When Hollywood was its own little town at the start of the 20th century, it banned movie theatres and liquor, except for medicinal purposes (wink, wink).
That ended quickly when movie studios arrived and a louche Los Angeles annexed the upstart.
Today, Hollywood is at the crossroads of creativity and business, generating US$35 billion ($42.2 billion) a year at the global film box office and drawing 40 million tourists annually.
At this time each year, the film community congregates for Hollywood's biggest night, the Oscars. This year's star-studded awards take place at the Dolby Theatre on March 2.
It's not all debauchery and late-night clubbing in Hollywood, although there is a lot of that. This neighbourhood in the heart of Los Angeles also boasts healthy alternatives, from the latest offbeat workouts to wheatgrass shots.
Whether you are hip and gorgeous or trying to get there, an aspiring actor or couch-bound film critic, here are tips to experience Hollywood.
DISCOVERING OLD HOLLYWOOD
The Walk of Fame is Hollywood's stamp of achievement, honouring stars from film, music, television and radio along Hollywood Boulevard. But if you don't want to wear out your heels or mix with the hoards, the best place to embrace the stars is the Hollywood Roosevelt Hotel.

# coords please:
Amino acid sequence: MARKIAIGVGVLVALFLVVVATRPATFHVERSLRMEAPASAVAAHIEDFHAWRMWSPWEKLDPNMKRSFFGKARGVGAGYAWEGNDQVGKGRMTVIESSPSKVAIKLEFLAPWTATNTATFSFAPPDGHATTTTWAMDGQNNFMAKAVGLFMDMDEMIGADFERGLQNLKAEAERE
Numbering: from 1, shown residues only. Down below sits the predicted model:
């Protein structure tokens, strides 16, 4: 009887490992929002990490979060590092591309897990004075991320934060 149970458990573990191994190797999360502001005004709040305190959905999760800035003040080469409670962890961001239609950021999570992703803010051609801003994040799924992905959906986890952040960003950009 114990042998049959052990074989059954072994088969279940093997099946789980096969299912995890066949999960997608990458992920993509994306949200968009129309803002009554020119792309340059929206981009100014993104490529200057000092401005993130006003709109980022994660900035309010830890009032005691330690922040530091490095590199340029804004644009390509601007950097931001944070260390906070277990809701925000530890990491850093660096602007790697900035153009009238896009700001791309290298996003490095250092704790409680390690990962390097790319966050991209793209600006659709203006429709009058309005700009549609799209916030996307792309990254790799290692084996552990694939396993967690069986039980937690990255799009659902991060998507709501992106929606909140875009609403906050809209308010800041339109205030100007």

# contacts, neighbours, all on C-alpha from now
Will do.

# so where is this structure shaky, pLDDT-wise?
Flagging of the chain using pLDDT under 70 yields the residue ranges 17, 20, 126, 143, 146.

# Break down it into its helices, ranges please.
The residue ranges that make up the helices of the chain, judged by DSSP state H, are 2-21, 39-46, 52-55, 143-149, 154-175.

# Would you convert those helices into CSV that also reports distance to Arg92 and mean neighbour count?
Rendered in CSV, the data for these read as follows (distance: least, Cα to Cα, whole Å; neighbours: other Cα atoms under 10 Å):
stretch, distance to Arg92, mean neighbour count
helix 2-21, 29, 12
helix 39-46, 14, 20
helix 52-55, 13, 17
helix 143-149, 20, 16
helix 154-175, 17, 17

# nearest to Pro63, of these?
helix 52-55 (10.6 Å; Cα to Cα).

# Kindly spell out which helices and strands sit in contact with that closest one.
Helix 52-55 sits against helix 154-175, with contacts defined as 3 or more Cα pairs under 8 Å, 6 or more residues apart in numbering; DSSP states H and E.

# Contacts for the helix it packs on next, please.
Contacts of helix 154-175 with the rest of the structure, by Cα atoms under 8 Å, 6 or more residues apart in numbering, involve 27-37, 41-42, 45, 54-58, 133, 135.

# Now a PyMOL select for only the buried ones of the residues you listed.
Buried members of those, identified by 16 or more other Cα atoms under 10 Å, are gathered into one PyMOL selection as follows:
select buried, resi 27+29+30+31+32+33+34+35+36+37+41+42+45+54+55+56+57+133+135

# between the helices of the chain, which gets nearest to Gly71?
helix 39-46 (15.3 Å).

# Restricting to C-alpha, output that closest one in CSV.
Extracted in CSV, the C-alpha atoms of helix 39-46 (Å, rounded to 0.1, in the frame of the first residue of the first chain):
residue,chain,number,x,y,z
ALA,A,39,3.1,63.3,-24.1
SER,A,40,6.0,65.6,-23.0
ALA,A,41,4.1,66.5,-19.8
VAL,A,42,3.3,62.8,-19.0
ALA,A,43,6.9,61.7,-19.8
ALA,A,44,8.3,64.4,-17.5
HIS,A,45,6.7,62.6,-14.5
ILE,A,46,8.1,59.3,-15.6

Located opposite the famed TLC Chinese Theaters, formerly Grauman's Chinese Theaters, the Roosevelt at 7000 Hollywood Boulevard is steeped in Tinseltown history.
From the grand entrance and ballroom that hosted the inaugural Academy Awards in 1929 to the Marilyn Monroe suite, it offers glimpses of the stars that have walked through. The penthouse, named after screen legends Clark Gable and Carole Lombard, is where the couple used to sneak to after premieres at Grauman's.
If soaking up sunshine is your goal, the Roosevelt cabanas and pool featuring David Hockney's mural of painted geometric curves - the setting for Monroe's first paid photoshoot - is a perfect spot.
If walls could talk, the gothic-style Chateau Marmont hotel at 8221 Sunset Boulevard would have the most enticing stories. It is still one of the top destinations for stars to escape the cameras and find privacy in many of the dark nooks.
From James Dean jumping through a window to read lines for "Rebel Without a Cause" to Led Zeppelin riding motorcycles through the hallways and John Belushi's untimely death from a drug overdose in Bungalow 3, the Chateau has often been the locale of Hollywood's dark, rambunctious and seductive side.
These days, the hotel draws the likes of Martin Scorsese, Leonardo DiCaprio, Lady Gaga, Kevin Spacey and Lana Del Rey.
The bar offers elaborate concoctions such as The Aviation, a pre-prohibition gin, lemon and cherry liqueur cocktail, while the intimate patio is the setting for high-powered Hollywood deal-making.
In the heart of Hollywood lies one of the town's oldest establishments, The Musso & Frank Grill at 6667 Hollywood Boulevard.
Founded in 1919, the restaurant boasts a roster of famous patrons. F. Scott Fitzgerald proofread his novels here, Marilyn Monroe and Joe DiMaggio snuggled in the booths and Humphrey Bogart and Lauren Bacall flanked the bar. More recently, George Clooney and Brad Pitt used the venue to discuss their covert Las Vegas heist plans in 2001's "Ocean's Eleven".